Areas of improvement: 2020 should bring increases to benefit rates to ensure sustained poverty reduction.
People with intellectual disabilities are visible in employment strategies, but this has not fed into more people with intellectual disabilities being employed. There has been some good work on Employment Support Practice Guidelines, a Disability Confident campaign, and some guidance for employers who are employing people with disabilities. We might have to use a wait and see approach to see whether the government is developing the most effective strategies to increase employment of people with intellectual disabilities.
Areas of improvement: We need to see more jobs for people with disabilities.
So far there has been no targeted programme to ensure supports and accommodations are in place for intellectually disabled people interacting with the justice system. There have been some small victories, including information in a benchbook and some progress with Police changing their interviewing practices after involvement with IHC.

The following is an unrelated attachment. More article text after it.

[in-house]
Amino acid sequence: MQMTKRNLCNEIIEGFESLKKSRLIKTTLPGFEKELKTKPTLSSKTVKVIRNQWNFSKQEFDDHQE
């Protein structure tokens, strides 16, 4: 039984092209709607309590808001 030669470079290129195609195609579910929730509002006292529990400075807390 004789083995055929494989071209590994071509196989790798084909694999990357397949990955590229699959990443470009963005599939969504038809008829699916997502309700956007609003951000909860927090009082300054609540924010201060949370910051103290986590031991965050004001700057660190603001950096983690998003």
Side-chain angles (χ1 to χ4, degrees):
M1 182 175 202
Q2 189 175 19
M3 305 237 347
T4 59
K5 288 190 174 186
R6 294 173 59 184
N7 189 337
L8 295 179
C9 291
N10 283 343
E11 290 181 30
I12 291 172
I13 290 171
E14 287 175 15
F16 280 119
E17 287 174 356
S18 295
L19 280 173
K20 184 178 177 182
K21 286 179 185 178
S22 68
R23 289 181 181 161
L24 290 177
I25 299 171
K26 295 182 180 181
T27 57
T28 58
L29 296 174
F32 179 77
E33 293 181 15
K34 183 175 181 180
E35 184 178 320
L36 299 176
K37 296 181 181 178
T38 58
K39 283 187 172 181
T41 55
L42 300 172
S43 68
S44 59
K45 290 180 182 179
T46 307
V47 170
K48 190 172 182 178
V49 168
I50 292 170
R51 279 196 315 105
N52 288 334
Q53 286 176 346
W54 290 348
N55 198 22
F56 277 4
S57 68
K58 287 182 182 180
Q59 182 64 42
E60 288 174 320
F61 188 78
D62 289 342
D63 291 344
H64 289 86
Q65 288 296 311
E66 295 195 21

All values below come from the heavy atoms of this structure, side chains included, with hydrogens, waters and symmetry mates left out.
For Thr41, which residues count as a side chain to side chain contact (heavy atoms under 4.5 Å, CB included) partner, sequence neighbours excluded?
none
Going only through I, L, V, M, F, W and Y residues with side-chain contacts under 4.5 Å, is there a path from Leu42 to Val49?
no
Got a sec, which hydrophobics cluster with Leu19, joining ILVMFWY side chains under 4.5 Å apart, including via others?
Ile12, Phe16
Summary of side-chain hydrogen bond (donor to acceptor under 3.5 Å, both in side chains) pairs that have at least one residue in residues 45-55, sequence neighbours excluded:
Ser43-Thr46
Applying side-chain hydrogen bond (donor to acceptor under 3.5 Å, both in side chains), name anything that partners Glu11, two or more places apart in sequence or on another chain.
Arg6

Areas of improvement: 2020 would be a good year to start capturing and reporting on the number of people under 18 held under the Intellectual Disability (Compulsory Care and Rehabilitation) Act and the number of protection orders sought on behalf of people with intellectual disabilities. The Royal Commission of Inquiry into Historical Abuse in State Care, and in the care of faith-based institutions, also holds great promise to shine a light on abuses that intellectually disabled people have suffered. Also, to put in place accessible oversight and complaint and redress mechanisms to ensure and strengthen freedom from exploitation, harm, violence and abuse.